After six 100+ Women Who Care Kingston meetings and six attempts (between last year and this), the stars aligned on Feb 23, 2017 and SACK was the 3rd random pick of the night of the 30+ nominated charities.  The end result was an overwhelming majority vote of the 100+ women in the room to support this organization.  Two of the students from the class of 2019 that had an instrumental role in getting SACK nominated by their classmates, Tiffany Lung and Kate Liu, were present with me at the recent cheque-presenting ceremony by the leading ladies of 100+ Women Who Care Kingston to SACK on March 31st. The donation of $20,000+ will be directed at the development of a much-needed youth prevention program across the greater Kingston area which will include sexual assault resistance programming – the only evidence-based program that has been shown to significantly reduce the incidence of rape and other forms of sexual assault.

The night that SACK was voted to receive this donation I was approached by many community members who were not only impressed with the important work that SACK does but by the School of Medicine’s investment in teaching our physicians-in-training about the importance of population health and health advocacy. Amazing what can be accomplished when 100+ medical students who care connect with a local group of women who care to create an opportunity for change in our community.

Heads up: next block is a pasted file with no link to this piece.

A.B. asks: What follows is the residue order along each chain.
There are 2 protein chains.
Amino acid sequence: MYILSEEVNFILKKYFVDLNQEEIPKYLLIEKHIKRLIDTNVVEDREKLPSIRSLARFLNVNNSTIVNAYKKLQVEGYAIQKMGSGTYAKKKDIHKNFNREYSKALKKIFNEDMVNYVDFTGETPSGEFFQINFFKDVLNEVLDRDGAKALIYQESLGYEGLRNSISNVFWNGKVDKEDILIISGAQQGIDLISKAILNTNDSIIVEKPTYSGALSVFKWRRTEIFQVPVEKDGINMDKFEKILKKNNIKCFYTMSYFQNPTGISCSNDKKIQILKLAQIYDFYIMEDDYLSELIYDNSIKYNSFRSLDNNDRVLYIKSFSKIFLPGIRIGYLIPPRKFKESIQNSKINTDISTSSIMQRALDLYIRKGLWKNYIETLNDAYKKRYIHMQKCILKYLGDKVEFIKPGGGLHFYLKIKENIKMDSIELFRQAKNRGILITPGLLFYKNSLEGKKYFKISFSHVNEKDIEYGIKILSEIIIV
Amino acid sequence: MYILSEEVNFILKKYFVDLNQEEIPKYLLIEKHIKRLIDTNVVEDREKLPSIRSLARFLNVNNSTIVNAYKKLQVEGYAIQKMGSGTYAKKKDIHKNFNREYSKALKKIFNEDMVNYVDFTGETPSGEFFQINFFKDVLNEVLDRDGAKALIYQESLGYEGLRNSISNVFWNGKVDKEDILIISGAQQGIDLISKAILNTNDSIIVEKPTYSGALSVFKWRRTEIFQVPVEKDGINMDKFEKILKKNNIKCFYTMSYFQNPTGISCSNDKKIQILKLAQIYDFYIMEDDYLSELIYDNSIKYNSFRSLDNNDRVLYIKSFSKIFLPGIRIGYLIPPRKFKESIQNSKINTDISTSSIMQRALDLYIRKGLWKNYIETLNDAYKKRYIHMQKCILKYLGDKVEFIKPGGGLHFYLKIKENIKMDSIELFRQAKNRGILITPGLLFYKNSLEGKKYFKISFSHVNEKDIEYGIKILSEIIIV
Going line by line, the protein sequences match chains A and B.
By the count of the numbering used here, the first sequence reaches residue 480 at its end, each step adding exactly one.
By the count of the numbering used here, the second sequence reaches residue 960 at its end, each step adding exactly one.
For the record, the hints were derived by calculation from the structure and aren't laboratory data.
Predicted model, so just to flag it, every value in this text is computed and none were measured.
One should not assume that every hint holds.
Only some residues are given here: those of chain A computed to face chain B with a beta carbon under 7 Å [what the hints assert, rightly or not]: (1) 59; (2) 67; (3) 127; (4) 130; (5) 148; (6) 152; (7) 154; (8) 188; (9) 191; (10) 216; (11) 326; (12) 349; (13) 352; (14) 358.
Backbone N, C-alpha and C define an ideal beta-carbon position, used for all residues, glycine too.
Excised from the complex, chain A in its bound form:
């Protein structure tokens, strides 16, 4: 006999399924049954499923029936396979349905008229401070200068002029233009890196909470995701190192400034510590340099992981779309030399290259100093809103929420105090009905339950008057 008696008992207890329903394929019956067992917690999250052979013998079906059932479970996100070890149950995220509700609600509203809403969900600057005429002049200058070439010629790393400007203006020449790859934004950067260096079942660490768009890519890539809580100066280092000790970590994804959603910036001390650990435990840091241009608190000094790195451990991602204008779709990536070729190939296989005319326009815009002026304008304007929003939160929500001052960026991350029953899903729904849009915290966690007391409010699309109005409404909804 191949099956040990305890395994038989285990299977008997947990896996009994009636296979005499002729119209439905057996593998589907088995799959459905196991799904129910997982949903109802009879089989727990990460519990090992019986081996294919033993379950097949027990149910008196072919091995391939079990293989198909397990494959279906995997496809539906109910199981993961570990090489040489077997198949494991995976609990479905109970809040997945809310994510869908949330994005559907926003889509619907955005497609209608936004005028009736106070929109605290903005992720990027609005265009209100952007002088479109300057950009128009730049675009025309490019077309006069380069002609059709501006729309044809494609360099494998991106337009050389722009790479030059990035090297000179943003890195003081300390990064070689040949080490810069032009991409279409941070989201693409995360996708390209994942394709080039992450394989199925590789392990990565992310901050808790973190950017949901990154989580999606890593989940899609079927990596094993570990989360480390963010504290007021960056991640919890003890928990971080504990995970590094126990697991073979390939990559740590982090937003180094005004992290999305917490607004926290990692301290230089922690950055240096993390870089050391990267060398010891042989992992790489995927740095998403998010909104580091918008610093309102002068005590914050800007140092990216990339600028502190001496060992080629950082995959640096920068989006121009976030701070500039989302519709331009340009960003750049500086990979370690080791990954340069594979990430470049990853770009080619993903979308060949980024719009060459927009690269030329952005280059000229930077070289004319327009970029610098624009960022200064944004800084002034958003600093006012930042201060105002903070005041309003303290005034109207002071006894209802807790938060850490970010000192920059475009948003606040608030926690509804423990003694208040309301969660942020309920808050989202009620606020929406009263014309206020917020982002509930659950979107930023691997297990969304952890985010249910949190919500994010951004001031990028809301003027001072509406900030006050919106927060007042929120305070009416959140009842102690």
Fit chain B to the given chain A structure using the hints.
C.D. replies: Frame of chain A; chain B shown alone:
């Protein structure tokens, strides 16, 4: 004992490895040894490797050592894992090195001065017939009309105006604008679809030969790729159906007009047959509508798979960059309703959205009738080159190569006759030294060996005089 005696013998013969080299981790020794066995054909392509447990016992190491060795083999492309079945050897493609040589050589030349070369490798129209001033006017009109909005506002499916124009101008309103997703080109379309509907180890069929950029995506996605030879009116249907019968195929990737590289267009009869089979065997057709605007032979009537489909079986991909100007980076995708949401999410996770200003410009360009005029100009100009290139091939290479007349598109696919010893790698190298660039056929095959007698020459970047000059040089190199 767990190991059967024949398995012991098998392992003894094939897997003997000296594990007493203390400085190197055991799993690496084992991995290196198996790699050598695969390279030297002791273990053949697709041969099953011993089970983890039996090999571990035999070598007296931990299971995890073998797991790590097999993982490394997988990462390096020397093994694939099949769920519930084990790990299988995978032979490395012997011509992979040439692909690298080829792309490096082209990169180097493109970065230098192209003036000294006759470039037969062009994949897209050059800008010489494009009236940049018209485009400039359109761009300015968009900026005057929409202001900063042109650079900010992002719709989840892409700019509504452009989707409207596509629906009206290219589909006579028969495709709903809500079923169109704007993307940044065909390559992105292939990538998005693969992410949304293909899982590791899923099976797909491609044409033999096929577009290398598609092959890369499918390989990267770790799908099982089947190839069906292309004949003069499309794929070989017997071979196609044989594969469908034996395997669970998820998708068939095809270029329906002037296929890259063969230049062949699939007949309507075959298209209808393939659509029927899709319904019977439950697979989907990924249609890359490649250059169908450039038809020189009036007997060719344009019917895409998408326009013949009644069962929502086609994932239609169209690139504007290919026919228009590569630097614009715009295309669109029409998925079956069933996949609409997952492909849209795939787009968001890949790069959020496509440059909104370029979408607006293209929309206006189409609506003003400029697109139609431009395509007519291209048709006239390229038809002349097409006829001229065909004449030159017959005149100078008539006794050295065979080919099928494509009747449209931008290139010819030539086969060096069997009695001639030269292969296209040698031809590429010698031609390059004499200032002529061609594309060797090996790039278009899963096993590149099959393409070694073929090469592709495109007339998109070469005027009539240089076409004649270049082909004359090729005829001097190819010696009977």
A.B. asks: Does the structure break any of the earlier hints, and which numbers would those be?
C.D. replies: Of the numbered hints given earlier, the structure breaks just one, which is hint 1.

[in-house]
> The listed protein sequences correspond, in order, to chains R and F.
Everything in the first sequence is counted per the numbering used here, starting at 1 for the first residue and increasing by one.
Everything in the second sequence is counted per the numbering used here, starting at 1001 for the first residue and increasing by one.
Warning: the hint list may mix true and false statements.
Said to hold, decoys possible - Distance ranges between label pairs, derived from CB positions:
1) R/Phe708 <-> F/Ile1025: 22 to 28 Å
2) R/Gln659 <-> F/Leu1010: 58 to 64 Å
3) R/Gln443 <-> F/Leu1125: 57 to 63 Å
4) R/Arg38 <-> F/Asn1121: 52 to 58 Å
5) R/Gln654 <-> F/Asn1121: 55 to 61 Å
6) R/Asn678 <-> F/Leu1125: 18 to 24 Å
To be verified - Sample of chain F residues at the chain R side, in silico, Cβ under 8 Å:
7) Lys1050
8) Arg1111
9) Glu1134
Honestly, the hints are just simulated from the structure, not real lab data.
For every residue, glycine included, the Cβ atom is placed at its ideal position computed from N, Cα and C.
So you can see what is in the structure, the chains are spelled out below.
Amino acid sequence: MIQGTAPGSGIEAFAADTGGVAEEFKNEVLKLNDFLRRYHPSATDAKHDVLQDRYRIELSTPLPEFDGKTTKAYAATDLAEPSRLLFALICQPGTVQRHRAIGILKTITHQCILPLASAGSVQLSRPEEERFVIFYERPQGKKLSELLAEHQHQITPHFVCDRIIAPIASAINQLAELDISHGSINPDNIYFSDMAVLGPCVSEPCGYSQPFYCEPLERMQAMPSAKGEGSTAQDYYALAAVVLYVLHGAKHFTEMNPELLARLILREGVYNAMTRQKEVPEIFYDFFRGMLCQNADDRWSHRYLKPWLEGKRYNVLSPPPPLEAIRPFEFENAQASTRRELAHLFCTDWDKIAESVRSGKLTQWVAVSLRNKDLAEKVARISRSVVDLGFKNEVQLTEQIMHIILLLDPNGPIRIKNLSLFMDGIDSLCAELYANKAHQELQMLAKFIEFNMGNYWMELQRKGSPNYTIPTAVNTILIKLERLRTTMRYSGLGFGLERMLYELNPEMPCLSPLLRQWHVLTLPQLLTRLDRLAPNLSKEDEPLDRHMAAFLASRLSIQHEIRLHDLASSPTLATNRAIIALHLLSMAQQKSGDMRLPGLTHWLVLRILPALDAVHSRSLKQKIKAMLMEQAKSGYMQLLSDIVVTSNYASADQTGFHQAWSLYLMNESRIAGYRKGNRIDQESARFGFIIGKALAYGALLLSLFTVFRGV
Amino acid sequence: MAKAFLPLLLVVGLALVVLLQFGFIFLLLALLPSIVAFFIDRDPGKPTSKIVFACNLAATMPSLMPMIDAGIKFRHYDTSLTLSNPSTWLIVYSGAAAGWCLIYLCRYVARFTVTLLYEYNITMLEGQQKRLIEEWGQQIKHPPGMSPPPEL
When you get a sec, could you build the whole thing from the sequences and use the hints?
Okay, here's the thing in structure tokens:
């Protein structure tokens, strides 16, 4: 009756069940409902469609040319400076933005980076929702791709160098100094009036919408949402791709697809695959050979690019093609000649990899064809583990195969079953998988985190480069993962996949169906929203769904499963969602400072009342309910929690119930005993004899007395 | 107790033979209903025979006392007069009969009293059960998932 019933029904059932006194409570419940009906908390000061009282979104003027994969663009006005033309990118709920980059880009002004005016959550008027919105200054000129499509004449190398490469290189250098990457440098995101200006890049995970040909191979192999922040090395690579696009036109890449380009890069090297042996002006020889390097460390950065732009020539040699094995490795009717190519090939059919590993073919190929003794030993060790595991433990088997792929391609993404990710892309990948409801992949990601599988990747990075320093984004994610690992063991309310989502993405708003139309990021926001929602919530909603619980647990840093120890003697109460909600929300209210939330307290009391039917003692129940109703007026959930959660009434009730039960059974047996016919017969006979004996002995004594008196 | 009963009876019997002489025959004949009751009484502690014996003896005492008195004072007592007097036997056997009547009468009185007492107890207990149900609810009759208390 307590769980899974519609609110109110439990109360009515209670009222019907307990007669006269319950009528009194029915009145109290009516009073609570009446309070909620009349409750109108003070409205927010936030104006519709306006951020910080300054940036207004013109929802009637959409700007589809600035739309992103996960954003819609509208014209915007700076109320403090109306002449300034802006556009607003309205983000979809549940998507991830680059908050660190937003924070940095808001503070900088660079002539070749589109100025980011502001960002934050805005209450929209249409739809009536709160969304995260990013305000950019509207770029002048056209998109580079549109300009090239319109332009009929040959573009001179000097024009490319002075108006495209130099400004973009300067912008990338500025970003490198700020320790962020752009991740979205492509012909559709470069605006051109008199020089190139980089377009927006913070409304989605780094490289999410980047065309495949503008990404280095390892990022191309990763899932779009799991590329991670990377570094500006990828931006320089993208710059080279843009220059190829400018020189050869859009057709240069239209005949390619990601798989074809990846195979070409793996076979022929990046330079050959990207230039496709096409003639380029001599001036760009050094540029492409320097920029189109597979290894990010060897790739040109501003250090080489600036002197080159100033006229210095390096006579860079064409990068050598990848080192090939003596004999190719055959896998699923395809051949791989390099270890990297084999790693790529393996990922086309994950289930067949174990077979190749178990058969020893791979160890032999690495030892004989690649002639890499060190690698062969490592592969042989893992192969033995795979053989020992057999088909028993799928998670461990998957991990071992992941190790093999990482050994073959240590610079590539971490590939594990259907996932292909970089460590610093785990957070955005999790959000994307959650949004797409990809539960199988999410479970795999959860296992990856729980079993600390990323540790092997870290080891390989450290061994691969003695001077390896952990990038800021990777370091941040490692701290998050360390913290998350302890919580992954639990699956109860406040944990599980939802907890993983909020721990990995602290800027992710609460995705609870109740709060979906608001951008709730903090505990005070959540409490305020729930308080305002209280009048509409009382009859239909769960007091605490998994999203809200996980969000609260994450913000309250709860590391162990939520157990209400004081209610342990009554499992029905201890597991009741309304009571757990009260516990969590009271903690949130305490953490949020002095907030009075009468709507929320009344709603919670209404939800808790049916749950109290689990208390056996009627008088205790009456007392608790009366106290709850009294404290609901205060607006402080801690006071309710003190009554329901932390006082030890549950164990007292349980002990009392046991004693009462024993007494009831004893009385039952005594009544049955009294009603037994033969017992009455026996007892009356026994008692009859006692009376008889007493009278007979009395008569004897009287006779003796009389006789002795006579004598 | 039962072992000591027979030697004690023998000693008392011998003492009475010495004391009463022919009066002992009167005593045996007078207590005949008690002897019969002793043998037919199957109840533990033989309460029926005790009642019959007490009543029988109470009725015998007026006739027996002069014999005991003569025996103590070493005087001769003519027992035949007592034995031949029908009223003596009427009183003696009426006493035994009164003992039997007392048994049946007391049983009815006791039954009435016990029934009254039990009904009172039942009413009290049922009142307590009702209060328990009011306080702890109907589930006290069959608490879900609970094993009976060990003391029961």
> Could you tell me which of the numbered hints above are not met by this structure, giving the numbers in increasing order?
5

The recent Whig Standard Article can be found here.

Many thanks to the following for making this possible:

  • Meds 2019 class (special thanks to Tiffany Lung, Kate Liu, Zoe Lau and Sallya Aleboyeh)
  • Meds 2020 class (special thanks to Alexandra Basden, Azraa Janmohamed, Denisha Puvitharan, Khatija Anjum, Sana Khan and Jagpreet Kaler)
  • 100+ Women Who Care Kingston and the leading ladies (special thanks to Lindsay Duggan)
  • Sexual Assault Centre Kingston (special thanks to Jennifer Byrd and Elayne Furoy)

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Building Bridges, Making Pathways